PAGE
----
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July 5, 2020

Powering the Cell: Mitochondria

YouTube caption: 

Together, Harvard University and XVIVO developed this 3D animation journey for Harvard's undergraduate Molecular and Cellular Biology students about the microscopic world of mitochondria.

The animation highlights the creation of adenosine triphosphate (ATP) — mobile molecules which store chemical energy derived from the breakdown of carbon-based food.

ATP molecules act as a kind of currency, imparting chemical energy to power all the functional components of cellular activity.

July 5, 2020 at 04:01 PM | Permalink | Comments (0)

Man In Stream — Rosanna Warren

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You stand in the brook, mud smearing
your forearms, a bloodied mosquito on your brow,
your yellow T-shirt dampened to your chest
as the current flees between your legs,
amber, verdigris, unravelling
today's story, last night's travail...

You stare at the father beaver, eye to eye,
but he outstares you—you who trespass in his world,
who have, however unwilling, yanked out his fort,
stick by tooth-gnarled, mud-clabbered stick,
though you whistle vespers to the wood thrush
and trace flame-flicker in the grain of yellow birch.

Death outpaces us. Upended roots
of fallen trees still cling to moss-furred granite.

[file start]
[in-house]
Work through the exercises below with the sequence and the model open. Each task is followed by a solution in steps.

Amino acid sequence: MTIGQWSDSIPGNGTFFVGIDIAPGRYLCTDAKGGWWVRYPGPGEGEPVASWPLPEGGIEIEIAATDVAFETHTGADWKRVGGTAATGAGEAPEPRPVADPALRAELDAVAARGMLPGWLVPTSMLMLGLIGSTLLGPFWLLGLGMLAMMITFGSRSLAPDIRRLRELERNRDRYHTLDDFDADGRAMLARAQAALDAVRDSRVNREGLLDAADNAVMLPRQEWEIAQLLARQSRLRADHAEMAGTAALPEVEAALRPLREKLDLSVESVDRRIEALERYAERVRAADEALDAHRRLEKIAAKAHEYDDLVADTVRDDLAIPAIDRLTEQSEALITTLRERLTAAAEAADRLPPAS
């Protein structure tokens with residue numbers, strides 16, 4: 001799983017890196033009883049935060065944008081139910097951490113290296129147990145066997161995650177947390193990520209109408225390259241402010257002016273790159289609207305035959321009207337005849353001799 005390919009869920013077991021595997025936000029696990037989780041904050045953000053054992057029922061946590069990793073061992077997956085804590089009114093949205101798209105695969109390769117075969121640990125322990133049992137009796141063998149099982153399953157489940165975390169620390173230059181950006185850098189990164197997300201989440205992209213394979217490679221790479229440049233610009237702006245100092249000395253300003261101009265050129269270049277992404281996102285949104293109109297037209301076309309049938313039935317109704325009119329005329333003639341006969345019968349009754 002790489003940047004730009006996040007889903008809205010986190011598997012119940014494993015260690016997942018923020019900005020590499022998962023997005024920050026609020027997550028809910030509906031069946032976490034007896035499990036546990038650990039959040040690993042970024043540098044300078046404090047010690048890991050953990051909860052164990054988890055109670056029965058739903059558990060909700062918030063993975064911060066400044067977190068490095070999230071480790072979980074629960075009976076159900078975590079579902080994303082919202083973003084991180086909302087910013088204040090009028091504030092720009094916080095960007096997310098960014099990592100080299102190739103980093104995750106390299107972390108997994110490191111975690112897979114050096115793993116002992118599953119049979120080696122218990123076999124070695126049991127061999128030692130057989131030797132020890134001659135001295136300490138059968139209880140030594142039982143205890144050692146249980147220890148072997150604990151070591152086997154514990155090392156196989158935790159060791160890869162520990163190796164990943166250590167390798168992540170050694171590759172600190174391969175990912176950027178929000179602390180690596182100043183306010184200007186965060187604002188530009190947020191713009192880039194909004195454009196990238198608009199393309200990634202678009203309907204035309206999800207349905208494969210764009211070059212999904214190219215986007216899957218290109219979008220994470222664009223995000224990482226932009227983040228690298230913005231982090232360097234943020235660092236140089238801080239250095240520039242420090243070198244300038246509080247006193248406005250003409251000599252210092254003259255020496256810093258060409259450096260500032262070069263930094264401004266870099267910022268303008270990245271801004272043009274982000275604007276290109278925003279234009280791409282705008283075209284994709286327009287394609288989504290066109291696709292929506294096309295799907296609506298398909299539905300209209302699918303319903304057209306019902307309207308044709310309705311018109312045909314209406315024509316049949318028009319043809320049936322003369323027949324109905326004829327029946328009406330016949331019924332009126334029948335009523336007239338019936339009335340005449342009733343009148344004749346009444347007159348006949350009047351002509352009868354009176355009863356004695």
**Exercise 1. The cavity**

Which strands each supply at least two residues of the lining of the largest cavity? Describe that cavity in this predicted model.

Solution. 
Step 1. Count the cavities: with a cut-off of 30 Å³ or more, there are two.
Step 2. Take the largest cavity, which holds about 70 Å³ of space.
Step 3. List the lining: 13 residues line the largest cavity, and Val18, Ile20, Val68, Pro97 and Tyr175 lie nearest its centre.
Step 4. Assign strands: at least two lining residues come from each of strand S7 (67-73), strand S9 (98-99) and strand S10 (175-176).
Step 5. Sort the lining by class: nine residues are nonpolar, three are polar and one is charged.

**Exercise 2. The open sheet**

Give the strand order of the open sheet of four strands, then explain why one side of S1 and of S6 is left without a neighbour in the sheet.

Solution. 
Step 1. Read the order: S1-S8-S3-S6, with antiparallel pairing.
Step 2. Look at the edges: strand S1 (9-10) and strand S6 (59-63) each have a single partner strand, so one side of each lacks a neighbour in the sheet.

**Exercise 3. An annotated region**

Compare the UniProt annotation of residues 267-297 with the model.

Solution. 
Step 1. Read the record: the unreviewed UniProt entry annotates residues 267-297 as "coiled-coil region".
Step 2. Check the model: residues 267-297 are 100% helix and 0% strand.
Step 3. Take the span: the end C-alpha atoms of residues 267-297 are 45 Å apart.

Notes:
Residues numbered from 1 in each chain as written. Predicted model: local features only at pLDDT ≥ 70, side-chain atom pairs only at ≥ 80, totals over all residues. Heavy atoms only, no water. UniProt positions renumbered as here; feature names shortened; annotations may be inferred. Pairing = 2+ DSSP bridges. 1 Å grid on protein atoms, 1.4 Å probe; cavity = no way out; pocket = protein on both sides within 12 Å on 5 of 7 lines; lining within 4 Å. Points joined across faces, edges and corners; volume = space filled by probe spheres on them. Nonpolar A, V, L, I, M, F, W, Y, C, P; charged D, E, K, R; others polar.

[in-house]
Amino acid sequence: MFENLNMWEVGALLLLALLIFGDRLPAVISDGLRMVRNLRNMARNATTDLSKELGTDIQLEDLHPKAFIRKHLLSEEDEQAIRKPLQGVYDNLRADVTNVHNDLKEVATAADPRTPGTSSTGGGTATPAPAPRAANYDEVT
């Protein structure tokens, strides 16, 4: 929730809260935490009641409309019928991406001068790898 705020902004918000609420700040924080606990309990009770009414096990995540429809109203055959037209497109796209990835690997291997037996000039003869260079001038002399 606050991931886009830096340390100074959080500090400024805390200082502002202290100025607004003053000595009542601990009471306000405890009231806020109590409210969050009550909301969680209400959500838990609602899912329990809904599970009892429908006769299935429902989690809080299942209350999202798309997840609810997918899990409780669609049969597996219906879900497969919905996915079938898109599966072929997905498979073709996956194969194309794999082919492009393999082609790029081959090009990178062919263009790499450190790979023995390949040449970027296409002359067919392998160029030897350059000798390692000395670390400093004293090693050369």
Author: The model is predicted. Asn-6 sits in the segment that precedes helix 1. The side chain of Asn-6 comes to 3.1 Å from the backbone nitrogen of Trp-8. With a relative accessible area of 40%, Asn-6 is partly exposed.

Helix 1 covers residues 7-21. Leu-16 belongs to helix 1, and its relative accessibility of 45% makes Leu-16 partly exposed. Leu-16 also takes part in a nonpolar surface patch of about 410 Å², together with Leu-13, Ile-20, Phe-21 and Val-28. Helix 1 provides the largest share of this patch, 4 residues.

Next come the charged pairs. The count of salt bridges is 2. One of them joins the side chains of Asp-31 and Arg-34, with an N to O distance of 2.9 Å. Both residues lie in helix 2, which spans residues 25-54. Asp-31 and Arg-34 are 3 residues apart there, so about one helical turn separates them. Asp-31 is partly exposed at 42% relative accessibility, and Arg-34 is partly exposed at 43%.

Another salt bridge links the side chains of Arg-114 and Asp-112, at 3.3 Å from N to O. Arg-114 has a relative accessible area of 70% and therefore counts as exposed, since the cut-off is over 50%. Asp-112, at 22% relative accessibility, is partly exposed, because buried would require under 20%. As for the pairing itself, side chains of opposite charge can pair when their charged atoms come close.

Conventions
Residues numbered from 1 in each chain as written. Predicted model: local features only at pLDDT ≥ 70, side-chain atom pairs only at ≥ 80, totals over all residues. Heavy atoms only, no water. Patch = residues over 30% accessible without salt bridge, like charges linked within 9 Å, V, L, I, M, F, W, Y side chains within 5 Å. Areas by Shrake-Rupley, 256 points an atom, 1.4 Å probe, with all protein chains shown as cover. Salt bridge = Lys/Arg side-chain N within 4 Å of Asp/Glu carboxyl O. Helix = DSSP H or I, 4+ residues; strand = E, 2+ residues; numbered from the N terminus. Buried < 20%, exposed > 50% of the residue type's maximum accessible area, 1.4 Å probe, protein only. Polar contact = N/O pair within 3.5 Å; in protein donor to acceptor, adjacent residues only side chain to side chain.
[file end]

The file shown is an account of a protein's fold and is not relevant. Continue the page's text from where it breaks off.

Lichen smolders on wood rot, fungus trails in wisps.
I wanted a day with cracks, to let the godlight in.
The forest is always a nocturne, but it gleams,
the birch tree tosses its change from palm to palm,

and we who unmake are ourselves unmade
if we know, if only we know
how to give ourselves in this untendered light.

July 5, 2020 at 02:01 PM | Permalink | Comments (0)

It's just impossible to nap in peace around here

July 5, 2020 at 12:01 PM | Permalink | Comments (0)

Helpful Hints from joeeze: Why microwave meals need to "rest" after nuking

[Nuking a burning candle]

Robert L. Wolke, the Washington Post's longtime food writer, addressed the headlined topic in a "Food 101" column, noting that it's one of the questions that repeatedly appears in his mailbox.

Here's the Q & A.

Q. Why do almost all microwaveable frozen meals instruct you to leave the meal in the microwave for two minutes or so after the cooking period? What happens during those two minutes?

A. Microwaves deposit all their energy within a half-inch or so of the food's surface.

It takes time for that heat to work its way inside and heat the interior to the same temperature as the surface.

Surprisingly, microwaves don't melt ice crystals very well, so any remaining internal ones need to be melted by contact with already heated food on the outside.

Okay, that's all well and good, thought I, but why do you have to leave the meal in the microwave instead of letting it finish outside on the counter?

Then the penny dropped: it's much hotter inside the box than outside, so that final internal heating is going to be far more efficient inside the machine.

Bon appetit!

July 5, 2020 at 10:01 AM | Permalink | Comments (0)

Rockstar Ruler

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From the website:

Be the coolest student (or teacher) in class with this multi-use and multi-purpose ruler.

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With an inbuilt set square, protractor, arc tool, and circular stencils, you can get your band back together and finish your geometry homework at the same time — now that's what we call multitasking!

Ruler dimensions: 14" x 4.5".

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$9.35.

July 5, 2020 at 08:01 AM | Permalink | Comments (0)

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